After getting comfortable on the intercity train from Utrecht to Rotterdam, I noticed the T-shirt of the man sitting across from us. It said something like
Swiss marathon: 350 km from Geneva to Basel
I motioned to guitarist Robert Bekkers next to me. He was looking out the window when I got his attention.
A half-marathon is 21 km. A full one is 42 km. But 350 km? How many marathons is that?
“Did you actually run 350 km?” I blurted out.
“Excuse me?” the dark-haired man in his early 50’s awoke from a reverie. “Oh!” he pointed to his T-shirt. “You mean this? It was 7 days in the Swiss alps.”
“But that’s 50 km a day! Still more than a marathon!” I exclaimed.
Robert began talking to him in Dutch.
The man looked like a long distance runner, with a lean and subdued body of zero percent fat. He explained that it was a small marathon consisting of 50 runners who woke up at 7 am every day and ran until 3 pm with an average speed of 8 km per hour. It’s important to keep a steady tempo because of the long distance and the mountains.
I asked if he had run in the Bordeaux.
“Medoc!” He knew the marathon. “No, I don’t like wine,” he replied in English.
I continued in Dutch. “Our running club coach in Bussum told us it’s the most amazing and sought-after costumed marathon with the best wines, champagne and oyster. He said he could get us in. But we never made it past the half-marathon. I’ve done 5k and 10k only.”
“That’s pretty good,” he said in English.
I pointed to Robert. “He has run several half-marathons but his body is more like that of a sprinter.”
“Yours too,” he said in English.
“Are you not Dutch?” I asked after his insistence upon speaking English.
“No, I’m French.” A Frenchman who does not like wine? Now that’s a curiosity.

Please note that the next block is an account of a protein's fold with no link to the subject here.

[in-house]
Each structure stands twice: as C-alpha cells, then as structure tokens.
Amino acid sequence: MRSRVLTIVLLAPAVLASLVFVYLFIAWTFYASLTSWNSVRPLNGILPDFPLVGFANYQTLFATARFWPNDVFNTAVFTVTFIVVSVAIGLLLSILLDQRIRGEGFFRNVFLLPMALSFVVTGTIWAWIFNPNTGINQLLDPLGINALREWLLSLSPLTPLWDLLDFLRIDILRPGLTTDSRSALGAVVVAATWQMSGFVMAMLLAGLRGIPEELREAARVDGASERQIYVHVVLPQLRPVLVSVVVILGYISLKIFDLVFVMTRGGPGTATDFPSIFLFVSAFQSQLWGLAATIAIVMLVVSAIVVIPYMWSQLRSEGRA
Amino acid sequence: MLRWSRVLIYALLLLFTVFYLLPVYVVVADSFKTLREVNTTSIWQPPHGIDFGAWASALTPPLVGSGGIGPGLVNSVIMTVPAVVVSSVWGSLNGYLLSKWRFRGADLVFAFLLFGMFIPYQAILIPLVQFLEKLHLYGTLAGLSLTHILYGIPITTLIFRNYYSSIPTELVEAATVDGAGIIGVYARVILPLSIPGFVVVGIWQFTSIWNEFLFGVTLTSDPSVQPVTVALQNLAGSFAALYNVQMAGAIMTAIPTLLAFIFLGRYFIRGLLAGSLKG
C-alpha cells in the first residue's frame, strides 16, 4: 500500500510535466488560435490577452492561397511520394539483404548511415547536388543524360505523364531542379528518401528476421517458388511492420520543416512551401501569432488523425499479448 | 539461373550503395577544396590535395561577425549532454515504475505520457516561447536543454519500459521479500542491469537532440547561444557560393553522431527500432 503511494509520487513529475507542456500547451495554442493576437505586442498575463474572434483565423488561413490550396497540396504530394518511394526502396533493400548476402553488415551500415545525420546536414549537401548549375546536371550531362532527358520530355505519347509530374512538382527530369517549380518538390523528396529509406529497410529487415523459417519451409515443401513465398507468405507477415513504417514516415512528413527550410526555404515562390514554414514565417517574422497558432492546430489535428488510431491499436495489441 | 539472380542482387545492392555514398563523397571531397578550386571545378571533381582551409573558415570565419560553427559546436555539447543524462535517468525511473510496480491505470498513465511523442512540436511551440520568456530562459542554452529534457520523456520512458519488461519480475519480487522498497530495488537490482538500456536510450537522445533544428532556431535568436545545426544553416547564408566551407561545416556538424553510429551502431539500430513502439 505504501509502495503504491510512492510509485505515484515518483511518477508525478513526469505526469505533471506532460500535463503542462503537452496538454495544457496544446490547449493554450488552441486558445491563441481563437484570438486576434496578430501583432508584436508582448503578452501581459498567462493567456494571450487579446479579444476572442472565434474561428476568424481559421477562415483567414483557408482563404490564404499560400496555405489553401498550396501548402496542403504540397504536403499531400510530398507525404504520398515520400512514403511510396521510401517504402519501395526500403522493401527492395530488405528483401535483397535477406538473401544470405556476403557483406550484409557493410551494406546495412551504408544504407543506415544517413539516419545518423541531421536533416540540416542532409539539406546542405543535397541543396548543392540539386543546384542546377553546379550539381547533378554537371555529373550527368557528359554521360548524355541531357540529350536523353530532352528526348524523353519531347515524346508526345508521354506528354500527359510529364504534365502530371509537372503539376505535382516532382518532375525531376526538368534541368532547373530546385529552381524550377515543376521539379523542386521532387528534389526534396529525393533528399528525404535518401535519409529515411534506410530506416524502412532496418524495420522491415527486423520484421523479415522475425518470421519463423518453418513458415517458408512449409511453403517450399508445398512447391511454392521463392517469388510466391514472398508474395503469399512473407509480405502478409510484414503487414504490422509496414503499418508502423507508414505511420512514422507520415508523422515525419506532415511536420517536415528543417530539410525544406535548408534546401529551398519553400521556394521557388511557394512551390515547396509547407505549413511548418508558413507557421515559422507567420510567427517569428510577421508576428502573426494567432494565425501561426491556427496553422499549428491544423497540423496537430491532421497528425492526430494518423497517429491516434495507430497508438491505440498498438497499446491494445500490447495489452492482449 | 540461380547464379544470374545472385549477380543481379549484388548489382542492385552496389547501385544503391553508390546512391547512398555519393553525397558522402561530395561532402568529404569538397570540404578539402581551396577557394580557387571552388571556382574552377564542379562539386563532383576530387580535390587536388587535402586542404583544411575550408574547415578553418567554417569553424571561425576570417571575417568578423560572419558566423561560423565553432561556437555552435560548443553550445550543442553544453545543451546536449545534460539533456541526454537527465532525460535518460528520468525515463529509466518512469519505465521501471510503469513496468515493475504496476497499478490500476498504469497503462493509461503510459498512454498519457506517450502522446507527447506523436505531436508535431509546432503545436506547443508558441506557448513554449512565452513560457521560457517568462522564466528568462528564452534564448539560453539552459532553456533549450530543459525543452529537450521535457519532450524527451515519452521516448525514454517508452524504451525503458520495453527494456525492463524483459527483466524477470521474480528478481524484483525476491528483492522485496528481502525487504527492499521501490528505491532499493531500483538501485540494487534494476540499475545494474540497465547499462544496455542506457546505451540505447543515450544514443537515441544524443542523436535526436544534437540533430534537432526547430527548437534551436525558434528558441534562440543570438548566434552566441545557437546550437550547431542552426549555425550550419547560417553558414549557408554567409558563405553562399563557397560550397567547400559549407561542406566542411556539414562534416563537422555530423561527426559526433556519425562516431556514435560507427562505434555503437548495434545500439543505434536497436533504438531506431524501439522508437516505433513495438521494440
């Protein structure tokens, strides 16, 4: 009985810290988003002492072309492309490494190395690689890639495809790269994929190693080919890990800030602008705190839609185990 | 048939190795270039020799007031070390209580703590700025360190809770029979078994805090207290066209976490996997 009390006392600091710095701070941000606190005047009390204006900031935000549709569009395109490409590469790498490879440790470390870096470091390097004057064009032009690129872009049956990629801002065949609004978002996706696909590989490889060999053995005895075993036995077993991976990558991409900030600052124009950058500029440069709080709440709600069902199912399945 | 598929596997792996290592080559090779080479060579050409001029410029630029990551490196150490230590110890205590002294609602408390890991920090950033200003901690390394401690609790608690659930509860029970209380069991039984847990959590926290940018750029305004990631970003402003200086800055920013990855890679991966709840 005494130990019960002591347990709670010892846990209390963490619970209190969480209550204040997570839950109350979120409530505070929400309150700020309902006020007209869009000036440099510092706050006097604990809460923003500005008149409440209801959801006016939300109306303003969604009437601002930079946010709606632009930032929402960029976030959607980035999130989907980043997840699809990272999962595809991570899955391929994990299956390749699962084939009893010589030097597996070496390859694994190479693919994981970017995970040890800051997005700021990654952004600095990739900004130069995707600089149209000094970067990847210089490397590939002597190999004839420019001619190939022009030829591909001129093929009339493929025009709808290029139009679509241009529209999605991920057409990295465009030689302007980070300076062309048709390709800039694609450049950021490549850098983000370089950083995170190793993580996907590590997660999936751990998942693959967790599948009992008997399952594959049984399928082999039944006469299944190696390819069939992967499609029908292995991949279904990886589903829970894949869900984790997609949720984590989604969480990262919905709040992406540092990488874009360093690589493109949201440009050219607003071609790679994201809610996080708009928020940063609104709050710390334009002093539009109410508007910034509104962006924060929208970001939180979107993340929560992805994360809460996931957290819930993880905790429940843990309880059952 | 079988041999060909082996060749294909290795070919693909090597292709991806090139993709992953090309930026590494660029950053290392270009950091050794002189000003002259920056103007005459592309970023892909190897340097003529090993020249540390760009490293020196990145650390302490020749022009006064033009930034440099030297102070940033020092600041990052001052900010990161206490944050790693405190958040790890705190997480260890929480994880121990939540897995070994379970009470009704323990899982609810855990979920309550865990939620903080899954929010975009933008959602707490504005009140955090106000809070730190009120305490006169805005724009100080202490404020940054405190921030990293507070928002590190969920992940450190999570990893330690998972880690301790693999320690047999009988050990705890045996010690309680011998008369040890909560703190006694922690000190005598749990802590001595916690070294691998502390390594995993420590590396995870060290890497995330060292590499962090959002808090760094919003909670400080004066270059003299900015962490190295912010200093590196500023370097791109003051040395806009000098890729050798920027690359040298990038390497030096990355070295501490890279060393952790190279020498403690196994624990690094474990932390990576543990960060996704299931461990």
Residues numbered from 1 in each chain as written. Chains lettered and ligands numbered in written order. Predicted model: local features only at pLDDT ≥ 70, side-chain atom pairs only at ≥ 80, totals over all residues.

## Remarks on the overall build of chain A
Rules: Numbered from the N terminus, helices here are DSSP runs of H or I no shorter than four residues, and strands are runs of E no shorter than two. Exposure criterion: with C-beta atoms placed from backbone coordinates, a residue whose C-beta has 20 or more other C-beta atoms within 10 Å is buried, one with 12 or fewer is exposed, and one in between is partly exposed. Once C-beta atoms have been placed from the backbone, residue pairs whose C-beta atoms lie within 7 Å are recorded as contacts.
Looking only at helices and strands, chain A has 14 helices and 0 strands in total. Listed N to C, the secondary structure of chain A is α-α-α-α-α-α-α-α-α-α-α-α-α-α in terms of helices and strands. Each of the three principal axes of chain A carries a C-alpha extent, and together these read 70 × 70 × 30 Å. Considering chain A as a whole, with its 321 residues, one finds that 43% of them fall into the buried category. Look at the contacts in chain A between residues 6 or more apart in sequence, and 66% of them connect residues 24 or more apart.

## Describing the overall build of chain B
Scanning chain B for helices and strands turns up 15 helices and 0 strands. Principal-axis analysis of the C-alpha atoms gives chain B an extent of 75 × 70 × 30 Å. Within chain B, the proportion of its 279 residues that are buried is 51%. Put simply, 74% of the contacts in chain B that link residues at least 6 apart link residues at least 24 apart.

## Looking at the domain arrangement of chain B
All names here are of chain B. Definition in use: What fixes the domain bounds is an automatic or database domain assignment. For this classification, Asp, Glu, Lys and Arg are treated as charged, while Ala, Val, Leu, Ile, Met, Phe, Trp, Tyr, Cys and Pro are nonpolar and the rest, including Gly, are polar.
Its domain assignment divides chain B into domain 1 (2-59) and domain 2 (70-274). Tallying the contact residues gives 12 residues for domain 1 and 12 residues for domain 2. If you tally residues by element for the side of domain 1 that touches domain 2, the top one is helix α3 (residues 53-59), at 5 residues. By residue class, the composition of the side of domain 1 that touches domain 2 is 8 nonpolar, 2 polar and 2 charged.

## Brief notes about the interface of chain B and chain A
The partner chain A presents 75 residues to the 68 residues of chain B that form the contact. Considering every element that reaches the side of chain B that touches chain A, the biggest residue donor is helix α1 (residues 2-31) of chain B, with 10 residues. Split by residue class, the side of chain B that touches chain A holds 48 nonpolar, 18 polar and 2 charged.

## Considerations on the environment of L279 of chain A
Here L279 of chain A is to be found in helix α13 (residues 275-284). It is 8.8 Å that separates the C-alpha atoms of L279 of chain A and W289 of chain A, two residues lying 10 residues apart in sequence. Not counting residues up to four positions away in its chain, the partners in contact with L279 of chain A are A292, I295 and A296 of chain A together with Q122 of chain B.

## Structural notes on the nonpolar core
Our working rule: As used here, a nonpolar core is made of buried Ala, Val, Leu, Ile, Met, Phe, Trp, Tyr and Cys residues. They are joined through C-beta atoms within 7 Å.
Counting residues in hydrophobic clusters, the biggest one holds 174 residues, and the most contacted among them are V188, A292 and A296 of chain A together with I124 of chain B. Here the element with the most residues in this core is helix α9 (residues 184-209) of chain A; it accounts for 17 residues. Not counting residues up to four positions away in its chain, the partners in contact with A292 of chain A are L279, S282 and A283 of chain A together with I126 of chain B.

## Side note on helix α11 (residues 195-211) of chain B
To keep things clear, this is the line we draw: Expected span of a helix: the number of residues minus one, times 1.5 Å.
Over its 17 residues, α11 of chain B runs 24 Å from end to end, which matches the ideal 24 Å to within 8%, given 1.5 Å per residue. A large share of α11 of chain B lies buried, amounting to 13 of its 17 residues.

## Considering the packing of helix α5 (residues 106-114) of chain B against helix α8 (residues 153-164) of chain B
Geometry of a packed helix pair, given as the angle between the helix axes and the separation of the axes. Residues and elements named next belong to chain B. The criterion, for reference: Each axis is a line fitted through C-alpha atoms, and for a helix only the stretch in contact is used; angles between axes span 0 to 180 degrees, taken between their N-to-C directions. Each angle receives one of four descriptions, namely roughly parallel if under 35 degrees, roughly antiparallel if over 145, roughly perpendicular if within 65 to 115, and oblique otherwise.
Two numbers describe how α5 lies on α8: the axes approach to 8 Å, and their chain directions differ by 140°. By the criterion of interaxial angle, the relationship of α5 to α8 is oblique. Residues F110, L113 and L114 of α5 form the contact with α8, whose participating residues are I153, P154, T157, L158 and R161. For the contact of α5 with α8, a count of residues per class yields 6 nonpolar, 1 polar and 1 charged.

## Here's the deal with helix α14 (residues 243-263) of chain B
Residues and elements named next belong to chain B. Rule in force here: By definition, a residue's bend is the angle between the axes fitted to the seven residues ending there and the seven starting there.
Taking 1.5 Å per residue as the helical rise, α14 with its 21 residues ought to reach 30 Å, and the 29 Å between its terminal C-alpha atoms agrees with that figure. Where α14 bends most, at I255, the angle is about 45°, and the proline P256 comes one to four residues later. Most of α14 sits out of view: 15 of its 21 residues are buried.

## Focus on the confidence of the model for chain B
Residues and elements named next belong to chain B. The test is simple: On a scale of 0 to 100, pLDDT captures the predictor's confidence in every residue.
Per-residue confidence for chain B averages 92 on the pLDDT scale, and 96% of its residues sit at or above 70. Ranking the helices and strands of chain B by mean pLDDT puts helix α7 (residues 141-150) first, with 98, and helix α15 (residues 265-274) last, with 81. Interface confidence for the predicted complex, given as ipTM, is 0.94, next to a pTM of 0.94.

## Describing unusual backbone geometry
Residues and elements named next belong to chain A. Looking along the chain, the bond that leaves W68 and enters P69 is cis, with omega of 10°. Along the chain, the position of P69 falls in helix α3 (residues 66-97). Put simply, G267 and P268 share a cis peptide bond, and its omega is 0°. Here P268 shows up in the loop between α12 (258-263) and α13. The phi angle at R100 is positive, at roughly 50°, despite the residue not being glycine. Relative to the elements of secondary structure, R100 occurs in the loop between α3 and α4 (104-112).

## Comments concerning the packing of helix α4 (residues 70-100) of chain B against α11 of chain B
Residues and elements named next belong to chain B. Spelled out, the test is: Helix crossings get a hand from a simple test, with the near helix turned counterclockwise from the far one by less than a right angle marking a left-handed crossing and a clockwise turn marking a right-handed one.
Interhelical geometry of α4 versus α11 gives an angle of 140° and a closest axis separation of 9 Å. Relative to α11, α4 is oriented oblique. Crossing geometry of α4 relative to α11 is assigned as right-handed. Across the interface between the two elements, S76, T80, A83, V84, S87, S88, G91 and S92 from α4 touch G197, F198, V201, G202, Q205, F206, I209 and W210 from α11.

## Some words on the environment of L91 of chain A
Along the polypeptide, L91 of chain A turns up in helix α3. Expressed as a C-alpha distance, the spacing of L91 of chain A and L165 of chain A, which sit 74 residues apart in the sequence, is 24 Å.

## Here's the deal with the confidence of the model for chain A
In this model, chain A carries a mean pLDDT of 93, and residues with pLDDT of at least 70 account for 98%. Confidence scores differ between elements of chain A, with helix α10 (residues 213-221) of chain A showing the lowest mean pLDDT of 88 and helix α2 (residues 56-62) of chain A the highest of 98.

“Oh! We’re going to Paris today. My Finnish friend is taking his sabbatical there. He just started running a year ago and already he’s won a silver medal. Robert is going to run with him.”
The Frenchman revealed that he ran for the scenery and atmosphere, not for competition. He said that the hardest moment was the second day. We agreed that once you get over the hard part, it was plain sailing.
“It’s asymmetric,” I drew a graph in the air.
“Are you musicians?” he asked, pointing to Robert’s black guitar case.
“Yes! In fact we are on our way to Rotterdam to give a piano guitar duo concert. And then we’ll go to Paris from there.”
“I am also a musician,” he smiled and waved his right hand. “I’m a conductor and a singer. I conduct seven choirs.”
“Really? What a small world! I graduated from conservatory last year.” I began enthusiastically to tell him about the two choral pieces in my second chamber opera “Culture Shock!”
“I got my friend Nicky, the alto soloist playing the part of the foreigner, to write down what the Dutch train conductors said on the train. I then used those words in the libretto.”
“Dames en heren! U kunt hier overstappen….” I sang.
The French conductor chuckled.
“You wrote the libretto yourself?” He was impressed. “Have you ever thought about writing an opera about a marathon?”
“No, I haven’t,” I pondered. “I like to work with musicians and singers to develop a composition. But that’s an interesting idea.”
I could almost hear his brain switch into dream mode. “The choir will wear shorts and run and pant. Hoo, hoo, haa, haa!”
Robert laughed. I giggled at the thought of a choir doing a marathon on stage. We exchanged email addresses and promised we’d explore the possibilities.
The train was getting close to central Rotterdam station.
“What will you do in Paris?” he asked.
“I wish we could give a concert. We want to perform wherever we go,” I said.
“You can play under the bridge,” he pointed to Robert’s guitar.
“Any bridge. It’s beautiful.” He meant that Robert could busk under any bridge and collect money for it.
“I should have brought something sexy to wear,” I mused, imagining my role in getting the onlookers to donate their coins.
“No need. Don’t wear anything.”
It took me a second before I understood what he meant.
He was French after all.